The Five Anime of Spring 2014 You Should Be Watching

There are 60 new anime on the air this spring season and so it can be understandably more than a little difficult to know which ones to watch. Luckily, we at Kotaku East are here to help with our recommendations.

As we hit the half-way point of the season, it is finally time for me to shave off my bushy beard and rest my bloodshot eyes. I have spent the last month getting fully caught up on all the most well-recommended new anime from this season (thanks to the readers of TAY and Ani-TAY)—as well as a few other ones that just happened to catch my eye.

But before we get to the list, keep in mind as you read that these are simply the new anime that should not be missed this season. There are many more airing currently that are perfectly watchable. But that said, these listed here are the cream of the crop.

The Five Anime of Spring 2014 You Should Be Watching

No Game No Life

Currently at: Episode 5 (of 12)

Genre: Fantasy, Comedy

Non-Spoiler Plot Summary: Brother and sister combo Sora and Shiro are a pair of shut-ins who do nothing but play games all day. Online they form the legendary guild “blank” that goes from game to game, mastering it before moving on to another. Be the game an MMO or online chess, the pair has never lost a match. Then, one day the two find themselves transported to a fantasy world where everything from robbery to world politics is decided not through violence or diplomacy but through games.

Why You Should Watch It: No Game No Life is a comedy about smart gamers. It's equally about how to best play games and how to best cheat at them. This concept is personified in the two main leads.

Shiro, the little sister, is a genius who can “read” the game before her—and thus calculate odds and see many moves ahead. Sora, on the other hand, can read the players and is able to see how they think—often enabling him to cheat or at least exploit loopholes to his own advantage. Together they make a perfect team. But in a fantasy world where their enemies have magic and cheat with reckless abandon, it’s an entertaining adventure to watch them outthink their rivals week after week and secure victory against overwhelming odds.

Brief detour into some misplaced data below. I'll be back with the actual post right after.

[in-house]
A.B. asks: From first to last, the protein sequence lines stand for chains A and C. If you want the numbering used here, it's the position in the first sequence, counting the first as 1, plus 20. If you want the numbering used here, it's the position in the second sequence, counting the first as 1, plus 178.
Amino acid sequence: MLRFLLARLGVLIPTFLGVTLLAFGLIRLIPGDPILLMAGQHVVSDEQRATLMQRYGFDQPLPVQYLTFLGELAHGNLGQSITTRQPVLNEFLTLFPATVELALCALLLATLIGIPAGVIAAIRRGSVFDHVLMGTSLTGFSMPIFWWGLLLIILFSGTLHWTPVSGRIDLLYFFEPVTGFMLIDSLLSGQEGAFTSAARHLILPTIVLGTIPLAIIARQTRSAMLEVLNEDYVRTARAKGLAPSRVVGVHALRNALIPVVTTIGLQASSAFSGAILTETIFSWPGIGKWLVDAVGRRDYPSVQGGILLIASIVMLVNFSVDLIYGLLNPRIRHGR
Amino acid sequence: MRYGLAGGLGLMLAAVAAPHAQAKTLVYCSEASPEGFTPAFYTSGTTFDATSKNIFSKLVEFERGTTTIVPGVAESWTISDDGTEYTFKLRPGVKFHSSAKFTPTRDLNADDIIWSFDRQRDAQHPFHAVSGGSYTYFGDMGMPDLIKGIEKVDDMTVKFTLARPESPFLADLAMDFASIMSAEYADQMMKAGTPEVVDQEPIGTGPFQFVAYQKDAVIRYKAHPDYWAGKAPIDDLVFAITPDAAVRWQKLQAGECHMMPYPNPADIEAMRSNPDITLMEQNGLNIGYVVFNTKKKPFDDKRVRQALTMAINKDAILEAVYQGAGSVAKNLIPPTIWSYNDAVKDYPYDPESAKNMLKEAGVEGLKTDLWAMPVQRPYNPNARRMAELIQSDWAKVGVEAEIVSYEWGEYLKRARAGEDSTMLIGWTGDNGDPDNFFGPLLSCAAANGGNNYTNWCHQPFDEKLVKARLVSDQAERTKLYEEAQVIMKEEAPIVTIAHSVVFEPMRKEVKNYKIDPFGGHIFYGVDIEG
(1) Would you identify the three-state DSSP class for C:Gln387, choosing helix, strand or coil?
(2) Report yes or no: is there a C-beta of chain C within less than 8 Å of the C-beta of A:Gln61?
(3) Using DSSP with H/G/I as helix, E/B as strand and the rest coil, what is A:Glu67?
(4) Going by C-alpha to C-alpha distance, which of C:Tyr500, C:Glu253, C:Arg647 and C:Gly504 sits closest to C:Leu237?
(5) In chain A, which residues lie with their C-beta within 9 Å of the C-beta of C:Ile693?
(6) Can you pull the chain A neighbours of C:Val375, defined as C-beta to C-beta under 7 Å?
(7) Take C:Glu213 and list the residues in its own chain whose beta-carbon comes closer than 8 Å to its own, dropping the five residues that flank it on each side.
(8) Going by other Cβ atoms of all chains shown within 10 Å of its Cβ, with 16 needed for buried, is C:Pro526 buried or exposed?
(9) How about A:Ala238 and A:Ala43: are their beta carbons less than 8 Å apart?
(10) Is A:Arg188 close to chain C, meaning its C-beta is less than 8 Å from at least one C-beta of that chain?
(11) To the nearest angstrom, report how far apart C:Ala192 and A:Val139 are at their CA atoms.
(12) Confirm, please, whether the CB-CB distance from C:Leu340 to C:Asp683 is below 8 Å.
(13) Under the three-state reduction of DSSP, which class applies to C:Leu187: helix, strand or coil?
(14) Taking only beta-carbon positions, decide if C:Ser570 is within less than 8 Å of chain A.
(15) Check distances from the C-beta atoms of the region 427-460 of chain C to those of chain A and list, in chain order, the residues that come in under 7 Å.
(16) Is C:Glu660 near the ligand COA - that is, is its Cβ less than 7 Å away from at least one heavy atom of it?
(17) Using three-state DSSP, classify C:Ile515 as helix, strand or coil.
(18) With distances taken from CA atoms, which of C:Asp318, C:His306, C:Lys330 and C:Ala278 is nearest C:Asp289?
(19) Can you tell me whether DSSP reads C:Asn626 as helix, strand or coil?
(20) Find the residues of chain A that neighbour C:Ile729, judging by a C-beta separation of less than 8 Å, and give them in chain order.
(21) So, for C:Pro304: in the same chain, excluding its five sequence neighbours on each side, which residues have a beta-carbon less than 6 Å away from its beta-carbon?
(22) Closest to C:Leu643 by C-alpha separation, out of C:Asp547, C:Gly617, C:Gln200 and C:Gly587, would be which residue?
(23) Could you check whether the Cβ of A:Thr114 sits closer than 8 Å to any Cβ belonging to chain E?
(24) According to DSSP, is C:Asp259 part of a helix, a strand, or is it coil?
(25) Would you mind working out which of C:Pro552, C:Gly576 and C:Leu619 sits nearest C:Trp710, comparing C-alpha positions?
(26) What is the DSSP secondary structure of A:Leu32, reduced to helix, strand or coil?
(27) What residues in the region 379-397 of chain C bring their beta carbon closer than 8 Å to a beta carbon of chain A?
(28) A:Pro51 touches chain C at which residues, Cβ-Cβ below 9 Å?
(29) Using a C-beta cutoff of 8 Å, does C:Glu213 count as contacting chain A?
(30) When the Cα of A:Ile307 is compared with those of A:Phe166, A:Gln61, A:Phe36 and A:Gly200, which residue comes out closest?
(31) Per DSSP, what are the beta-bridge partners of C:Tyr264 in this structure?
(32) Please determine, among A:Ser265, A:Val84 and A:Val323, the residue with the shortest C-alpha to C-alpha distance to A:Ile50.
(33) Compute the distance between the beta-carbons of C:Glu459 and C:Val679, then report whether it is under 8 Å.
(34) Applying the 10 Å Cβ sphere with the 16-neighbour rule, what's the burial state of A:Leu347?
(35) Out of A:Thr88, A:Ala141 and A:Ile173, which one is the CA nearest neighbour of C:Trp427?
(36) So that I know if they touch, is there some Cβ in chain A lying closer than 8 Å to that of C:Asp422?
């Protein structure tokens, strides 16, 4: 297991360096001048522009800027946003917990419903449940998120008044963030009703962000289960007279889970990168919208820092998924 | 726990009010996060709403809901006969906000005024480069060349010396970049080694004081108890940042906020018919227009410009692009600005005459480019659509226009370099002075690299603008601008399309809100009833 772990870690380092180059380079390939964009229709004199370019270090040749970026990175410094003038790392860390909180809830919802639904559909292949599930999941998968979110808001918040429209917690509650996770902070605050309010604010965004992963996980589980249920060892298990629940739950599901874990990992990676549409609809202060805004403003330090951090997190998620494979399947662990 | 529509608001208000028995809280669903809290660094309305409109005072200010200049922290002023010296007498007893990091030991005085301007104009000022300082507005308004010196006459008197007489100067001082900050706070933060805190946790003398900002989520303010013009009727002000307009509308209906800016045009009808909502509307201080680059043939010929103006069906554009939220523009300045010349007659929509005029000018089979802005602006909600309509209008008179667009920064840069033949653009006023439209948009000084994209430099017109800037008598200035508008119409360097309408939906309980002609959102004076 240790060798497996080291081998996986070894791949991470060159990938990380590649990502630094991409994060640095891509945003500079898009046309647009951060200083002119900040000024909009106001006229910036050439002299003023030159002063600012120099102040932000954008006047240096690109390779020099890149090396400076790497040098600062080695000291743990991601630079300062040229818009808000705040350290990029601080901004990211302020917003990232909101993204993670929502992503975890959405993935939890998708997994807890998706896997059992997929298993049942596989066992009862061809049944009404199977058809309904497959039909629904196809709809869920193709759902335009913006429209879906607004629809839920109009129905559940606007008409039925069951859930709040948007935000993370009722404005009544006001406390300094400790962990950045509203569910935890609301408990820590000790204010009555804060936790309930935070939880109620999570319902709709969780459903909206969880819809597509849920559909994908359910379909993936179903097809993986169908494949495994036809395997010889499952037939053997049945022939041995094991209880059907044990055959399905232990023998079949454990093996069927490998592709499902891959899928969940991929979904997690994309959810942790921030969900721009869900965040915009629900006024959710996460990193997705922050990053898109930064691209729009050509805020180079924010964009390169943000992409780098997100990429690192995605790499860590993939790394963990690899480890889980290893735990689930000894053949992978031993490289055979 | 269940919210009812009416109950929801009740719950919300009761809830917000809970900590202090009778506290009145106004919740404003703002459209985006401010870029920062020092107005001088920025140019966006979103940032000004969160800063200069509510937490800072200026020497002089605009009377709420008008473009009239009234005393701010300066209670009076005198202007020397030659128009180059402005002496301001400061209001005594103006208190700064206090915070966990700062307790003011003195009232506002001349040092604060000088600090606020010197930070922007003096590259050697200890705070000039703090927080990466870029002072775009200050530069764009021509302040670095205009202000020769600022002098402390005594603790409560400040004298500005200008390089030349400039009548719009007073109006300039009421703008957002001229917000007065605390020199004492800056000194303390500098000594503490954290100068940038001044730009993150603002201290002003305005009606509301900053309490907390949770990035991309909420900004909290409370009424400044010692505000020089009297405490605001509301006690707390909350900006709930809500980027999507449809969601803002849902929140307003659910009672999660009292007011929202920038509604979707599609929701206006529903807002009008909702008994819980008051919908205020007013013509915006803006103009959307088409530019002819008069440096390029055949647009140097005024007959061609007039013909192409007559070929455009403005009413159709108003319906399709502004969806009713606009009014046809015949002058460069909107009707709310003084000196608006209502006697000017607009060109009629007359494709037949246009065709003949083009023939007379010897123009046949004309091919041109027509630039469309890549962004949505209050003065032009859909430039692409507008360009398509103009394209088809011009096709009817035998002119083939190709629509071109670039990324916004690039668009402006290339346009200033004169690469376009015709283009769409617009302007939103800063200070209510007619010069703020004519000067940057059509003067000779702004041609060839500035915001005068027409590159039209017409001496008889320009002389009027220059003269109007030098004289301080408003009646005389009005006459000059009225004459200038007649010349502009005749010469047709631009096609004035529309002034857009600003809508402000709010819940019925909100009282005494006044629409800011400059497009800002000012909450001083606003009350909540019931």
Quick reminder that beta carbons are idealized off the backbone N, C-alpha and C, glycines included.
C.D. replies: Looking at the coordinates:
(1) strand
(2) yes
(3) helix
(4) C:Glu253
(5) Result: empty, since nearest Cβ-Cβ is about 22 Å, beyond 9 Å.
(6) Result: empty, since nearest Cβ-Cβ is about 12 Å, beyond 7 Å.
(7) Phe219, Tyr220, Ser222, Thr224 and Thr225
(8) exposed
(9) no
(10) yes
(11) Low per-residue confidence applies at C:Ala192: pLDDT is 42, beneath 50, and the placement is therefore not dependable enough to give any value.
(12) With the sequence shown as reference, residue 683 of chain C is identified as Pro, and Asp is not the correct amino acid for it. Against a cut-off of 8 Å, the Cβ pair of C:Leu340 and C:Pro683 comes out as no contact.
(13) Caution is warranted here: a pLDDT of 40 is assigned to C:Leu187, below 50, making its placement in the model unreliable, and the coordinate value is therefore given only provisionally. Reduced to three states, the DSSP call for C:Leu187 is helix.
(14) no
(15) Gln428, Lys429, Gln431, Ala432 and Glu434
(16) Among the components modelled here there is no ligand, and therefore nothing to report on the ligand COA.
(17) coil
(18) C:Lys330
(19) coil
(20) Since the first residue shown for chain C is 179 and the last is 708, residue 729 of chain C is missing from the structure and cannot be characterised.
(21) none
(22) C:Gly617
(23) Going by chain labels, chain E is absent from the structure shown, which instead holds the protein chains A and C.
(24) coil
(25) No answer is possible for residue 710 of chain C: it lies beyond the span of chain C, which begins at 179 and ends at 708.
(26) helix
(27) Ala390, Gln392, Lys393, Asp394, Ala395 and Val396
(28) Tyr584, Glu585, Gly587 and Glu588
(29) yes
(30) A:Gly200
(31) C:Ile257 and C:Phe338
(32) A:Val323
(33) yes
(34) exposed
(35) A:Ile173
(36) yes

Watch It If You Like: Smart characters and gamer humor.

Where You Can Watch It: Crunchyroll

The Five Anime of Spring 2014 You Should Be Watching

Brynhildr in the Darkness

Currently at: Episode 6 (of 13)

Genre: Sci-Fi, Ultraviolence

Non-Spoiler Plot Summary: Ryouta is the only member of his high school astronomy club. When he was a kid, he was best friends with a girl that believed she had seen extraterrestrial life. Sadly, she died in an accident. Now, in her memory, Ryouta is driven to become an astronomer and find aliens himself. But then one day, a mysterious transfer student appears who looks exactly like an older version of his friend. Yet while this girl, Kuroha, claims not to know him, she indeed has a strange aura about her. However, that is not because she is an alien—as you might expect—but rather because she is a witch on the run from a secret government research lab that has tagged her for extermination.

Why You Should Watch It: Brynhildr in the Darkness is set in a world where danger is very real and people can (and do) die in horribly gruesome ways. However, because of the cliché “long lost love” setup, the characters continually treat their world and story more like that of a romantic comedy. Of course, the inherent darkness of the world keeps getting in the way of the light-hearted story, often bringing it crashing back to reality—thus making the violence and life-and-death stakes all the more thrilling.

The other great aspect of the series is Ryouta himself. He is an intelligent protagonist who thinks things through and understands the implications of his actions. In a world of magic and constant life-threatening dangers, it is his quick thinking that saves the day far more often than brute force or magical hijinks.

Watch It If You Like: Elfen Lied, Blood-C, Madoka Magica.

Where You Can Watch It: Crunchyroll

The Five Anime of Spring 2014 You Should Be Watching

Blade & Soul

Currently at: Episode 6 (of 13)

Genre: Action, Eastern Fantasy

Non-Spoiler Plot Summary: After her master is killed by chaos-powered mage Jin Varel, Alka, the last remaining assassin from the Clan of the Sword, hunts the murderer and her allies across a fantasy world—while being hunted herself. Along the way, she sells her deadly skills to anyone willing to give her a roof for the night, to part with a few coins, or to get her closer to completing her mission of bloody vengeance.